Dissidents in Cuba Hit with New Crackdown

By Carter, Tom | The Washington Times (Washington, DC), February 23, 1996 | Go to article overview
Save to active project

Dissidents in Cuba Hit with New Crackdown

Carter, Tom, The Washington Times (Washington, DC)

The Cuban government has arrested at least 30 anti-Castro dissidents and harassed dozens more in recent days in what the State Department is calling the nation's most extensive crackdown in recent years.

The arrests have forced organizers to cancel plans for a conference this weekend of the Cubano Concilio, an umbrella association of more than 130 island-based opposition groups.

The government had been notified some time ago of plans for what would have been Cuba's first truly independent gathering on human rights.

But starting Feb. 15, Cuban state security officers began arresting, intimidating and harassing Concilio members. By yesterday, more than 100 opposition figures had had run-ins with state security of one type or another. At least 30 are still in jail.

The Clinton administration denounced the crackdown in unusually strong language Wednesday at the regular State Department briefing.

"This wave of arrests is among the most extensive to have been initiated by the Castro regime in recent years," said spokesman Nicholas Burns.

"This wave of repression dramatically demonstrates the Castro regime's unwillingness to engage in a process of political reform and its determination to maintain absolute control over Cuban society."

The Cuban government fired back yesterday, accusing the United States of financing the opposition movement. Foreign Ministry spokeswoman Marianela Ferriol charged in Havana that the Cubano Concilio is "conceived and financed by the U.S. government."

"That is categorically wrong," said a State Department official who spoke on the condition of anonymity. "We regard the Concilio people as independent actors, and the Cuban government is trying to tar them as being associated with us. I don't think it will work."

Miss Ferriol also said Cuba would not tolerate "any attempt to interfere in the internal affairs of our country." The statement seemed to be aimed at discouraging foreign governments and organizations from supporting the Cuban dissidents.

Earlier this week, Cuba's best-known dissident, Elizardo Sanchez, appealed to the European Union, which officially recognizes Concilio as the democratic opposition to the Cuban government, for help in ending the repression.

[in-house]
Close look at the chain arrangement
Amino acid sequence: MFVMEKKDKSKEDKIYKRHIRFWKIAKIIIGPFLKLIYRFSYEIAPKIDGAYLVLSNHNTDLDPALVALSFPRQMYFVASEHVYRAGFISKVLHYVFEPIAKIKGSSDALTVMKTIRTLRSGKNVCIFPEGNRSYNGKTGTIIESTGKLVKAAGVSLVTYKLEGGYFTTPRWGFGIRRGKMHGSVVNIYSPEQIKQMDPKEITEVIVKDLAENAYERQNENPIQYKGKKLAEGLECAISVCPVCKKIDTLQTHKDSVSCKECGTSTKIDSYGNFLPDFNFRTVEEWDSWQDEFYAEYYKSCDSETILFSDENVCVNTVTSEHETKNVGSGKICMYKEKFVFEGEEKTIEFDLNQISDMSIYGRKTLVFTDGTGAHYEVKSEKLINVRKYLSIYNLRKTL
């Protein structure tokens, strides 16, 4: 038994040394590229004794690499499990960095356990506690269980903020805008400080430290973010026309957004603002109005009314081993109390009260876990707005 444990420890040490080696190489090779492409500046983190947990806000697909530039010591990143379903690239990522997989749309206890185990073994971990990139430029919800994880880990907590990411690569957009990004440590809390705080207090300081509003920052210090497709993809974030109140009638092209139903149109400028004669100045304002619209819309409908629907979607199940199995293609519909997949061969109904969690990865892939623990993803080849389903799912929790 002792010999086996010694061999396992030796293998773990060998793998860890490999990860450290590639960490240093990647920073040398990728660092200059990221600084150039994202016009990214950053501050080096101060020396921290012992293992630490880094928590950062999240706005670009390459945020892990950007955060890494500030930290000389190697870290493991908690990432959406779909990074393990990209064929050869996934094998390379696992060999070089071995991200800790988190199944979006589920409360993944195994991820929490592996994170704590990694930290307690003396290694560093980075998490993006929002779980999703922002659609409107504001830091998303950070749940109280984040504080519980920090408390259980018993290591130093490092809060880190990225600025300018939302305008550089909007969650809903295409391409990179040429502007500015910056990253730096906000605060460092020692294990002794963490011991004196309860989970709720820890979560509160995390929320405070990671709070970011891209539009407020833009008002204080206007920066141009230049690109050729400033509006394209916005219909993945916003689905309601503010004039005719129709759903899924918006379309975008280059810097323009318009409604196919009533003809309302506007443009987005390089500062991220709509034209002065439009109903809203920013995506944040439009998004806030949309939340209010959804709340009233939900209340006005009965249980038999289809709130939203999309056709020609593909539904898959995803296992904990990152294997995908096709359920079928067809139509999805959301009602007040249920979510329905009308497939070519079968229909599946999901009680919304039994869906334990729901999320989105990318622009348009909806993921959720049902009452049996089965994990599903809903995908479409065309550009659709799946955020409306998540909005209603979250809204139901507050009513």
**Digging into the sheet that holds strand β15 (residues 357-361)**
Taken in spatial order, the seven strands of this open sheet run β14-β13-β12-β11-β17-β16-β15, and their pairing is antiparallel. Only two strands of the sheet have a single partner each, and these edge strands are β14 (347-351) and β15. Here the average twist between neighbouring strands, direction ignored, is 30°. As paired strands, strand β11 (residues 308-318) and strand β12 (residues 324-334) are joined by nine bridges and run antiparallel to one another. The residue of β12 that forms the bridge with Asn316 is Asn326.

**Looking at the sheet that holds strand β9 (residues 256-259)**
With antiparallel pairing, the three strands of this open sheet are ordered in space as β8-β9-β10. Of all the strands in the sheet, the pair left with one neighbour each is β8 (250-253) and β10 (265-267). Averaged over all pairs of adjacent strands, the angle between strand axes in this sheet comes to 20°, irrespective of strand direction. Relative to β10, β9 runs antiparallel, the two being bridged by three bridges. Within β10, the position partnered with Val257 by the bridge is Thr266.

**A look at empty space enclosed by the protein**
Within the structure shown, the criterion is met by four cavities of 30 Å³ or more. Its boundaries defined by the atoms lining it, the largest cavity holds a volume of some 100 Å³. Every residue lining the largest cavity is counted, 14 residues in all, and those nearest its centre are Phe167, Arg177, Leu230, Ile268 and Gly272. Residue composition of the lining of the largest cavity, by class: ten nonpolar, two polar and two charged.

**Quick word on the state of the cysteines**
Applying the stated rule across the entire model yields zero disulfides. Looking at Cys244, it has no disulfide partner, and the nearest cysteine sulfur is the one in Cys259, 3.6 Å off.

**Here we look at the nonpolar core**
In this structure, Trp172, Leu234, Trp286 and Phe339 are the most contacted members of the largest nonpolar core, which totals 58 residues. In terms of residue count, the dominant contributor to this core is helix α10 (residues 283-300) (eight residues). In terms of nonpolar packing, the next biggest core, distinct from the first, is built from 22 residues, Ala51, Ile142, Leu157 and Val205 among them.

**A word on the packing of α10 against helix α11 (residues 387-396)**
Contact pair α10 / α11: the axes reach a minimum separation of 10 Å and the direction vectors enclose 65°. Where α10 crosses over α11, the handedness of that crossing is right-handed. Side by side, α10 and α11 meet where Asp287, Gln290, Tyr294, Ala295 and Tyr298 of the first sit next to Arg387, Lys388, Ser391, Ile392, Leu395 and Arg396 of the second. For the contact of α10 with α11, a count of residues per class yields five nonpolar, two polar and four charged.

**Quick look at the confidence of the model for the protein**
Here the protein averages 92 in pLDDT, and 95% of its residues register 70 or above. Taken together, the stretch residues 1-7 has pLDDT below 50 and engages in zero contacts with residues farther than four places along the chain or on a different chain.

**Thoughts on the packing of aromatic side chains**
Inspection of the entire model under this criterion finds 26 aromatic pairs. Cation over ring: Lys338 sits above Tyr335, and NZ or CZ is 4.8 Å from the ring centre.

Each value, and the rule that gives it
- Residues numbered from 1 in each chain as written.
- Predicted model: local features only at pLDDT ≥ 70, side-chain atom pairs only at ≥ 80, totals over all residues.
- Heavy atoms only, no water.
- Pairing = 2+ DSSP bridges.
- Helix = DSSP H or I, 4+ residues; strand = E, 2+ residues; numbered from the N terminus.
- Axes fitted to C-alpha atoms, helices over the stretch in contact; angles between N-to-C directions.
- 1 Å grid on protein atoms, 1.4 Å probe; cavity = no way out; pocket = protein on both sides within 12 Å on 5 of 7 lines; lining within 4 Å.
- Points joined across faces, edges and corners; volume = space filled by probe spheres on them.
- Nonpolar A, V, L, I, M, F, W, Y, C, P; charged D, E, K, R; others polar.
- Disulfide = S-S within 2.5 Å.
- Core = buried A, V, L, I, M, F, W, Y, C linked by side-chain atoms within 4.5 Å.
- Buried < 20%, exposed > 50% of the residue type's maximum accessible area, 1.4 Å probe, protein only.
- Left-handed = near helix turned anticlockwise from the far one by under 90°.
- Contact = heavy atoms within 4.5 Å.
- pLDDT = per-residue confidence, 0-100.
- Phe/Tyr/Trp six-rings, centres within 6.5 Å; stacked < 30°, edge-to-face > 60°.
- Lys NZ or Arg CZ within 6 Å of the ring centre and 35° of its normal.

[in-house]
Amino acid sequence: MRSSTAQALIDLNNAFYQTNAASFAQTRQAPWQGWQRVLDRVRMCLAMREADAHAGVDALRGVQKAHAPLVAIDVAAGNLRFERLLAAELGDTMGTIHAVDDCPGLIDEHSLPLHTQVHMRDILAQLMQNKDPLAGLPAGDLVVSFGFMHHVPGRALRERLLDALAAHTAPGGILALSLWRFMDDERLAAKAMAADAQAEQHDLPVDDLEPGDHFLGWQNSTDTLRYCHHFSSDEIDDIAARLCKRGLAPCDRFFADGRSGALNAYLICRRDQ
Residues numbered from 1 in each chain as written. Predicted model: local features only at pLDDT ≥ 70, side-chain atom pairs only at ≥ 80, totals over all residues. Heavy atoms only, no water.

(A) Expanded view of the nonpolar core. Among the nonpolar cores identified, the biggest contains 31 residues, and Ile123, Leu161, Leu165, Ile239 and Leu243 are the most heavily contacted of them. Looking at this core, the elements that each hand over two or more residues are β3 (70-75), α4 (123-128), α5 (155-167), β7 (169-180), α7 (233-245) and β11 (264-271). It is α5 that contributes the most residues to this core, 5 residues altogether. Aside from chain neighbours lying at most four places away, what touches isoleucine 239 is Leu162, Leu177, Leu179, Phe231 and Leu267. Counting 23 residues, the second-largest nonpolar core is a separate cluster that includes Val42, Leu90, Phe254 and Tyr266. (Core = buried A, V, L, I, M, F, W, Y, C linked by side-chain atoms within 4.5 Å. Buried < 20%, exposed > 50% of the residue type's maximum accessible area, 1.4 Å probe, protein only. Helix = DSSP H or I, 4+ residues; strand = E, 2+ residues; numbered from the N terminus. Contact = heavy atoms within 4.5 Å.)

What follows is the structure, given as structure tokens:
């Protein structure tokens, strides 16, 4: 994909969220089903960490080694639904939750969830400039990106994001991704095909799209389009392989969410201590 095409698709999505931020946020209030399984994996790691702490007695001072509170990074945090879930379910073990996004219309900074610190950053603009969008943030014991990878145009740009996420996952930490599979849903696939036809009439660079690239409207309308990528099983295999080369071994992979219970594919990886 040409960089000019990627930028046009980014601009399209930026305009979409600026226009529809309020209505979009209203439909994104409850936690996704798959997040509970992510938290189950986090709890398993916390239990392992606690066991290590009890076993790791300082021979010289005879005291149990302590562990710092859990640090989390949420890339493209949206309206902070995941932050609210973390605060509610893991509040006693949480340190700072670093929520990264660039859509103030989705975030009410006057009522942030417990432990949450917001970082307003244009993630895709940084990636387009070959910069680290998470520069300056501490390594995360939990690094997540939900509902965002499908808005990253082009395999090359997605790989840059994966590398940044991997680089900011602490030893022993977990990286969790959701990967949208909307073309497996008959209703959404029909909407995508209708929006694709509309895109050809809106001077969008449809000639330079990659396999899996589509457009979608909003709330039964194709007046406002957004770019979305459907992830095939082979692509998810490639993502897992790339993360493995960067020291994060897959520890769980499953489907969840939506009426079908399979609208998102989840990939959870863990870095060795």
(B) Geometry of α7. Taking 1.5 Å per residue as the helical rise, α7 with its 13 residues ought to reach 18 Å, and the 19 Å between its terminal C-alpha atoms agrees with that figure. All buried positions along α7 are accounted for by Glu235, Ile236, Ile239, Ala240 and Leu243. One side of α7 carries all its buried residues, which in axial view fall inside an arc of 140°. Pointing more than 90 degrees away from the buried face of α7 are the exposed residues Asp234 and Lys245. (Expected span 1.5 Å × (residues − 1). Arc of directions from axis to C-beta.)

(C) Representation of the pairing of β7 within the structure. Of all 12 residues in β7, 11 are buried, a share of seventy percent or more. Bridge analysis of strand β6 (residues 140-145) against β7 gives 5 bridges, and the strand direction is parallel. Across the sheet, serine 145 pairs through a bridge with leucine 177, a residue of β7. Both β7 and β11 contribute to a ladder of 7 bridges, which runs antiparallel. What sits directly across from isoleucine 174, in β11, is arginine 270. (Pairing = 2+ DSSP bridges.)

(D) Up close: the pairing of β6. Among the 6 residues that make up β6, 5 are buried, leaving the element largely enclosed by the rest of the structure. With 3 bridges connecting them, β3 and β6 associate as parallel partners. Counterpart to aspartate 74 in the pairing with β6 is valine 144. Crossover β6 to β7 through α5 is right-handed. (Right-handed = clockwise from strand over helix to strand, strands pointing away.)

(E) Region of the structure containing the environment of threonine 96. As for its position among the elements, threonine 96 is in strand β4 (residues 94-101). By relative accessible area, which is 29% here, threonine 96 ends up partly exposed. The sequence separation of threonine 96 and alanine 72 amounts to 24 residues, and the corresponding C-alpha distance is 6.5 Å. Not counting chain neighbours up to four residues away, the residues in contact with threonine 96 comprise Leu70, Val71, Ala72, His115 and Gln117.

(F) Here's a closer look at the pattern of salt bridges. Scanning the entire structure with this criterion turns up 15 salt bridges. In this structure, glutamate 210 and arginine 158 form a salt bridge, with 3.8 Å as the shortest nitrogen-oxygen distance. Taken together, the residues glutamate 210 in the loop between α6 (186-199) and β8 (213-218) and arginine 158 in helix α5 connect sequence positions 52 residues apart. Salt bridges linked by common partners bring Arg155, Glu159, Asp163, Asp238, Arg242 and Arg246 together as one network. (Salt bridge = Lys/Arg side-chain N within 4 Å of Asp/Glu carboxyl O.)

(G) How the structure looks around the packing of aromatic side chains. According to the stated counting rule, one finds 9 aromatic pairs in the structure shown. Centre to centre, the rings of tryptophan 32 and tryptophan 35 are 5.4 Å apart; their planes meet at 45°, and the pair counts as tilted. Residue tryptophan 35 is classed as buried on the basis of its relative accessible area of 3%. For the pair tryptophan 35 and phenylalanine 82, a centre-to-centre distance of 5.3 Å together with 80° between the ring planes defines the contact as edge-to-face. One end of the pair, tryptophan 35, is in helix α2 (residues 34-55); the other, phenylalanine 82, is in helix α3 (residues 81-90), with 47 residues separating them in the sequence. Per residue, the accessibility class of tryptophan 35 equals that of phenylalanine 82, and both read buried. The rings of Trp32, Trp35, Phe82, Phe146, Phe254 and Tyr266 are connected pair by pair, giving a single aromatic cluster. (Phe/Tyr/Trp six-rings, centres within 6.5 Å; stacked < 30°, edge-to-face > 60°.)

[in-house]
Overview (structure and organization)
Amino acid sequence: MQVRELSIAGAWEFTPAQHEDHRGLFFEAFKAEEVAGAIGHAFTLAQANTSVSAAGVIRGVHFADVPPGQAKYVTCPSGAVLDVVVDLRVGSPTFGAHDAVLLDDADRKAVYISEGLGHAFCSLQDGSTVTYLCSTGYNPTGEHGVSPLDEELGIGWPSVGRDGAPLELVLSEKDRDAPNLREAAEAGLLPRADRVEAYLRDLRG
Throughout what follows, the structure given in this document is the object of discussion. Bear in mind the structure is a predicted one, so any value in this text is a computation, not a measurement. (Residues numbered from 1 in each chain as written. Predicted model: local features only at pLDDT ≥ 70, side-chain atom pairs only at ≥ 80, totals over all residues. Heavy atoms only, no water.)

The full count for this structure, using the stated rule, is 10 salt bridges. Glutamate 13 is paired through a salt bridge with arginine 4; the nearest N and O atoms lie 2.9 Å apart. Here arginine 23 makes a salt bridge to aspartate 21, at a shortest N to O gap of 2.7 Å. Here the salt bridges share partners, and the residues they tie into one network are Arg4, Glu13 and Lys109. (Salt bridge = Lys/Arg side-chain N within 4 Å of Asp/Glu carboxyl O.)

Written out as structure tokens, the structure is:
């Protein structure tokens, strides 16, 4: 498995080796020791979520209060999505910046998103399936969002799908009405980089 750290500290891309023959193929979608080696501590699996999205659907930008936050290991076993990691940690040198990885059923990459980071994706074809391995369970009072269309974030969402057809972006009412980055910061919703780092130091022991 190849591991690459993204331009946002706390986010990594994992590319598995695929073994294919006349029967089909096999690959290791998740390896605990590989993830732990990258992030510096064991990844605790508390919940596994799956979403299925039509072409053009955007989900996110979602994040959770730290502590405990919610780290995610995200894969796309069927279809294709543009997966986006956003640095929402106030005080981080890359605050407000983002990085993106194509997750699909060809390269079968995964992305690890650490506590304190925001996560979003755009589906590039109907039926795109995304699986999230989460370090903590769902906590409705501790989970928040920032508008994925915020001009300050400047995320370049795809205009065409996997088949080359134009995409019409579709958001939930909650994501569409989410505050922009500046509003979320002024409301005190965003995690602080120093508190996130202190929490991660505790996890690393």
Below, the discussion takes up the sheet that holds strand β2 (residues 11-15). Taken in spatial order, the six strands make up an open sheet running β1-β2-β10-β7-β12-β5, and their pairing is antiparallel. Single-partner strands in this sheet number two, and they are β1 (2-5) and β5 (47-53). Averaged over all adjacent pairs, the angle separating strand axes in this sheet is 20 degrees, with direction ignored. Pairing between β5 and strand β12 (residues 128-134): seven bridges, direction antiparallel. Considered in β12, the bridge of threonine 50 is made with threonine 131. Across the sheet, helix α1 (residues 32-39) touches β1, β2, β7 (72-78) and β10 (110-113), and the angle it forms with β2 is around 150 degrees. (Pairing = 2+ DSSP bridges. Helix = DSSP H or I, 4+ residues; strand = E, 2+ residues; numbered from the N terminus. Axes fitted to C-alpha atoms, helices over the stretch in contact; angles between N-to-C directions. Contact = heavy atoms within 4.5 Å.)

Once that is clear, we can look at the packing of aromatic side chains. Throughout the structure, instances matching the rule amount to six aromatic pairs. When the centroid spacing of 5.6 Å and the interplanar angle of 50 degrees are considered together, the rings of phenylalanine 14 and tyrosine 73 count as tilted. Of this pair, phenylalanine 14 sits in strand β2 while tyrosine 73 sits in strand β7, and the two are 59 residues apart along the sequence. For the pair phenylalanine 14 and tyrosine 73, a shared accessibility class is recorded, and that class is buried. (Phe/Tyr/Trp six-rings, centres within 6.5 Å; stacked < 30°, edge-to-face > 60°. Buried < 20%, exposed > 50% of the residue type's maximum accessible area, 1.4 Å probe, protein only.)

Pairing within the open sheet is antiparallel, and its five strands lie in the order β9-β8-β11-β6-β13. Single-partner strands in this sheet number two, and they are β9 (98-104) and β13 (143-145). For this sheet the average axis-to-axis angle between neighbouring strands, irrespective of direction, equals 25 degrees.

The rest of this article is only available to active members of Questia

Sign up now for a free, 1-day trial and receive full access to:

  • Questia's entire collection
  • Automatic bibliography creation
  • More helpful research tools like notes, citations, and highlights
  • Ad-free environment

Already a member? Log in now.

Notes for this article

Add a new note
If you are trying to select text to create highlights or citations, remember that you must now click or tap on the first word, and then click or tap on the last word.
Loading One moment ...
Project items
Cite this article

Cited article

Citations are available only to our active members.
Sign up now to cite pages or passages in MLA, APA and Chicago citation styles.

Cited article

Dissidents in Cuba Hit with New Crackdown


Text size Smaller Larger
Search within

Search within this article

Look up

Look up a word

  • Dictionary
  • Thesaurus
Please submit a word or phrase above.
Print this page

Print this page

Why can't I print more than one page at a time?

While we understand printed pages are helpful to our users, this limitation is necessary to help protect our publishers' copyrighted material and prevent its unlawful distribution. We are sorry for any inconvenience.
Full screen

matching results for page

Cited passage

Citations are available only to our active members.
Sign up now to cite pages or passages in MLA, APA and Chicago citation styles.

Cited passage

Welcome to the new Questia Reader

The Questia Reader has been updated to provide you with an even better online reading experience.  It is now 100% Responsive, which means you can read our books and articles on any sized device you wish.  All of your favorite tools like notes, highlights, and citations are still here, but the way you select text has been updated to be easier to use, especially on touchscreen devices.  Here's how:

1. Click or tap the first word you want to select.
2. Click or tap the last word you want to select.

OK, got it!

Thanks for trying Questia!

Please continue trying out our research tools, but please note, full functionality is available only to our active members.

Your work will be lost once you leave this Web page.

For full access in an ad-free environment, sign up now for a FREE, 1-day trial.

Already a member? Log in now.

Are you sure you want to delete this highlight?